Genre helps to set up how people receive any kind of material. The more formulas, the more cliches, and the more colloquialisms the better.

Using these conventions helps authors and readers play around with the trolls inside our own heads. And perhaps gives people a sense of commonality that we seem to lack in our own individuality. Stories themselves are a real thing. Is what inside a story helping you with your own version of realism?


Posted 23 September 2018 - 02:04 PM

:Banana_Dance: :Banana_Dance: :Banana_Dance: :Banana_Dance: :Banana_Dance: :Banana_Dance: :Banana_Dance:






:GrinNod1: :chuckle:

Posted 23 September 2018 - 01:48 PM

The Neophytes delve into a discussion with their fictional audience about Walter J. Ong's discussion of fictional audiences. The real question is: who is real, who is fiction and who is living in a solipsistic nightmare?The Neophytes delve into a discussion with their fictional audience about Walter J. Ong's discussion of fictional audiences. The real question is: who is real, who is fiction and who is living in a solipsistic nightmare?

Posted 23 September 2018 - 12:55 PM

:Banana_Dance: :Banana_Dance: :Banana_Dance: :Banana_Dance: :Banana_Dance: :Banana_Dance: :Banana_Dance:



Posted 23 September 2018 - 12:50 PM


Posted 23 September 2018 - 12:29 PM










:rofl: :rofl: :rofl: :rofl: :rofl: :rofl:



Posted 23 September 2018 - 12:18 PM

Framing the narrative: A web of speakers and hearers.

Finding the balancing point between tension and resolution. Keeping track of the causes and their effects. How are the cosmic patterns portrayed? Framing the narrative with an outer story to hold a inner story or stories takes a bit of diligent planning. One past example would be Dante's The Divine Comedy and a contemporary example would be the TV show Castle Rock based on a fictional town used in many Stephen King novels. Another way to do the frame narrative is to tell the same story from different points of view.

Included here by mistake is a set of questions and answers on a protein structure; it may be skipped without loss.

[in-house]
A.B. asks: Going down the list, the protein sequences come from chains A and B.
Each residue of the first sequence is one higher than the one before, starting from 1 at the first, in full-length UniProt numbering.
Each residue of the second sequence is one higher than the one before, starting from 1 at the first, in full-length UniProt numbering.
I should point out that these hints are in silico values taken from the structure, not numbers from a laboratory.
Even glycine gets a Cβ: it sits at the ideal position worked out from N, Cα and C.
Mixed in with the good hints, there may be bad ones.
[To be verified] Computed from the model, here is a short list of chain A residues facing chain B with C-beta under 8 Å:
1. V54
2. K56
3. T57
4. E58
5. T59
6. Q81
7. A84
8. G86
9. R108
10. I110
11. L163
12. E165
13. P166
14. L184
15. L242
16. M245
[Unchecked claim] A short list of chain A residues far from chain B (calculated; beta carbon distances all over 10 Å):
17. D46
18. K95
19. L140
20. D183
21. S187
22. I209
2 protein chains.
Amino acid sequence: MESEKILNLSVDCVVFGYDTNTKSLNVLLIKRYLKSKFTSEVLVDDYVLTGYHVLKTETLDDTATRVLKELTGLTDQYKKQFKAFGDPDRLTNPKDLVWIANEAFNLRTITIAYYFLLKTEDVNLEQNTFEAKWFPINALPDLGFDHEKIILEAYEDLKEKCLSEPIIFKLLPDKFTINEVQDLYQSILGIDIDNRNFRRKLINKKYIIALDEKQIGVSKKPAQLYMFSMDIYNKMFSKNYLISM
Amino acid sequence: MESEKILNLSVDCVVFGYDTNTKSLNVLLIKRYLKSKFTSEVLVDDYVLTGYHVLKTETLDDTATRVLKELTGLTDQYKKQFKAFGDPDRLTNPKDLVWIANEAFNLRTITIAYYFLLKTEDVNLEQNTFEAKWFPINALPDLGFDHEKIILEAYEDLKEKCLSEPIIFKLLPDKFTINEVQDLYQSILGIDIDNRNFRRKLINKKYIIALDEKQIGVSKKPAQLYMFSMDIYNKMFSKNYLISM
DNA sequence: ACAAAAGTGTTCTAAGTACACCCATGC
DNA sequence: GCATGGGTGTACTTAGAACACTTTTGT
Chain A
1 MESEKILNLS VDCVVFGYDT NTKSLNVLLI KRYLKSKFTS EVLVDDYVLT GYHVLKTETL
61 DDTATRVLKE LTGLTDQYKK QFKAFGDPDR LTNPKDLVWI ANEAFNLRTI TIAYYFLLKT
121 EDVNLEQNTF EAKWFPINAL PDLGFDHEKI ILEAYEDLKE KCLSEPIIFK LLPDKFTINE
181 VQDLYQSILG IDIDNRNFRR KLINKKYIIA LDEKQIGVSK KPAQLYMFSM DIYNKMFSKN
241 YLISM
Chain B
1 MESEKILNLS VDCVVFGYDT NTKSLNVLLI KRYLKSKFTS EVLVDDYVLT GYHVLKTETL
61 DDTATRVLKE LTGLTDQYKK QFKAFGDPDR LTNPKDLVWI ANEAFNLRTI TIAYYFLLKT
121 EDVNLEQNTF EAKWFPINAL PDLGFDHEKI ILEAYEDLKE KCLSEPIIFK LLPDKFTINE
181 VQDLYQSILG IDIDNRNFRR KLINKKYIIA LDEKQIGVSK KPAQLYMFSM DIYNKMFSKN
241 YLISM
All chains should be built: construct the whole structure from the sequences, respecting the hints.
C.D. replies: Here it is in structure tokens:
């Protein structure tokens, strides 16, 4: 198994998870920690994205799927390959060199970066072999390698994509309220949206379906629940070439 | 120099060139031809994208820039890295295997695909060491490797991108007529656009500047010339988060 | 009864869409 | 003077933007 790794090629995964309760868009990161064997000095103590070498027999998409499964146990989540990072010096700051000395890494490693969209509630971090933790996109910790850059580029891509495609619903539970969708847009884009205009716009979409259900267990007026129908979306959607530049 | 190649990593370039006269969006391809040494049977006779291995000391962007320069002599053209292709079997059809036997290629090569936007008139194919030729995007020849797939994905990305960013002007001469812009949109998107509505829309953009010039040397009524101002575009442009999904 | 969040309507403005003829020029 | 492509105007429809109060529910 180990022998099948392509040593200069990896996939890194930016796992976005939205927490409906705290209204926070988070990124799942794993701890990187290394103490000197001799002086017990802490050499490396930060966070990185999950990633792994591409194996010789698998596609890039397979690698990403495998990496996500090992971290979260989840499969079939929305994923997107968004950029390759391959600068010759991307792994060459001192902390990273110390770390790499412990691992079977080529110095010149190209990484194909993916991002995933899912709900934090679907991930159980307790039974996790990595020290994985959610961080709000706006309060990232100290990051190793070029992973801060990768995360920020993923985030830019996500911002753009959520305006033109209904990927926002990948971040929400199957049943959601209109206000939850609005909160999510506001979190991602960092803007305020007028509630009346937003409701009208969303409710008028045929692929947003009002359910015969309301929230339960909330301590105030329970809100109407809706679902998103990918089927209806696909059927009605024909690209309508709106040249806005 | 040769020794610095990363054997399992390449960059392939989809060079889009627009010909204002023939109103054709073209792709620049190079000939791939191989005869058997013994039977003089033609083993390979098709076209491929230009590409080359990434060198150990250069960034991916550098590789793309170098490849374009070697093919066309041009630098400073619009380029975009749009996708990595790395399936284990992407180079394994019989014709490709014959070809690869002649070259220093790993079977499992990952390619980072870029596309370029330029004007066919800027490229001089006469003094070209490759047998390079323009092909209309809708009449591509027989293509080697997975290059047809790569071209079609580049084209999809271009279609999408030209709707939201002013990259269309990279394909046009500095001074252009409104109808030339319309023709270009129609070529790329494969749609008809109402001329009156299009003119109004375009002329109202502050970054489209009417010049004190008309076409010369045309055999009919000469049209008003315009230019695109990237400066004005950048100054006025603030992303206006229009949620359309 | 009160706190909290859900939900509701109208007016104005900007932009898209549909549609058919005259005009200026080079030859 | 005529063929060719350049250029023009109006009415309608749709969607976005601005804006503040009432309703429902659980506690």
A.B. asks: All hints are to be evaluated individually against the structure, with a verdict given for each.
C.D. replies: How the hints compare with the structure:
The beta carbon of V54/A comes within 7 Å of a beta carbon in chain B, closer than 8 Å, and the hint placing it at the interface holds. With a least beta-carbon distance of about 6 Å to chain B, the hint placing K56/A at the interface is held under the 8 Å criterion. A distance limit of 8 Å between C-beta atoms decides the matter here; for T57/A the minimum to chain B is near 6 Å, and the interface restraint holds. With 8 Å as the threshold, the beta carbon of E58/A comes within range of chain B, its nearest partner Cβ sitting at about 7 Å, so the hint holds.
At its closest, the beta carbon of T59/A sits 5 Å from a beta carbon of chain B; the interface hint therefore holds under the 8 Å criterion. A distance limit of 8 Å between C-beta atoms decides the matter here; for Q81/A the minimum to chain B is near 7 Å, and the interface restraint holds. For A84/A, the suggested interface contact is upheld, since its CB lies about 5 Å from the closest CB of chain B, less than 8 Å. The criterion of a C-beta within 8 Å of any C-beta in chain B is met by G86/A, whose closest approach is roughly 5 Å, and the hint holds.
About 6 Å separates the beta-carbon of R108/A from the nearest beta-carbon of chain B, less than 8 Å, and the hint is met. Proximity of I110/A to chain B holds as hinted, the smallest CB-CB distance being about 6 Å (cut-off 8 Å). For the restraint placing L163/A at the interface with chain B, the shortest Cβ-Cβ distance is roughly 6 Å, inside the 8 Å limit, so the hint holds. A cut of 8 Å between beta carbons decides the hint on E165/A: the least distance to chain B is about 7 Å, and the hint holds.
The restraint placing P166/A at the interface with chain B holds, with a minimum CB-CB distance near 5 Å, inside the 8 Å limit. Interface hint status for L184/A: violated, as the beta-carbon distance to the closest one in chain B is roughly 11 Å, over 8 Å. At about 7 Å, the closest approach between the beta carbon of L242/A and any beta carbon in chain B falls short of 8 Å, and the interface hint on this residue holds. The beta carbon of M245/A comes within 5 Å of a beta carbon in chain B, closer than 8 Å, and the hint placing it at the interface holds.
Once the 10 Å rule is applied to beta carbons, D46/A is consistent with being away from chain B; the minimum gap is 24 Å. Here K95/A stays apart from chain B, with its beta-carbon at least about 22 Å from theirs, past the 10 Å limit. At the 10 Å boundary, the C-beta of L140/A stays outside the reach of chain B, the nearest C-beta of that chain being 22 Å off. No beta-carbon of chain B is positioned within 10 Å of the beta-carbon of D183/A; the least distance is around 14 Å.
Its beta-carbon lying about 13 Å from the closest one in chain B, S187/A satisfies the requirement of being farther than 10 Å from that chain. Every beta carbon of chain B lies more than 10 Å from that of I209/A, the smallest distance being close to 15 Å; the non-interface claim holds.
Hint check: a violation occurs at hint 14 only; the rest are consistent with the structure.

1st person - I - the narrator can only tell about what he knows or is thinking about.
2nd person - you are here, you are there - not many can tell the story this way.
3rd person - He, she, it - Very limited omniscience about one particular character or a gods eye view of the overall picture.

Bring in the irony :chuckle: that's when the reader knows something the characters do not. Creating more pathos in the reader. Willingly Suspending beliefs in the sublime safety of an artificial interaction because a good author makes it happen in the readers mind.




Posted 22 September 2018 - 04:48 PM

4D Chess?








Posted 22 September 2018 - 04:28 PM


Going through my glossary of fallacies I noticed that Irony needed a bit of attention. I think a bit about it here is appropriate:
Does the title of this thread indicate a bit of irony?
Were you intrigued because it portended an occultish feel about it?
Or were you interested simply because your bullshit detector was running and you'd thought you'd have some fun.
Warning alert: 
What is being hinted at in between the lines? 
Is it slippery and wet with ambiguouus narrative? 
Do you detect any vanities, pretentiousness, or self righteous presumptions?
Does your own reading reflect any inner ironies still undetected?  
Irony helps us to find the reality as a reader. It's a free and indirect discourse using a a third person character to take over the narration. It makes it hard to know what the narrator really thinks. Detecting irony takes time and re-readings to find the discrepancies in language to catch on to any hidden truths. Irony looks beyond conventional wisdom and is used to sharpen a readers vision. 
Verbal irony is simple enough - it's when words don't match their meaning. They provide verbal wittisms to interest the readers attention. Sarcasm is one such device. Here are some others...
Stable and unstable irony helps to distinguish verbal ironies. Stable ironies are simply just the reverse of a statement. Usually used in a facetious manner. An un-stable irony never reaches a correct meaning and will remain that way. Making way for further confusion. It's used on purpose by some story writers.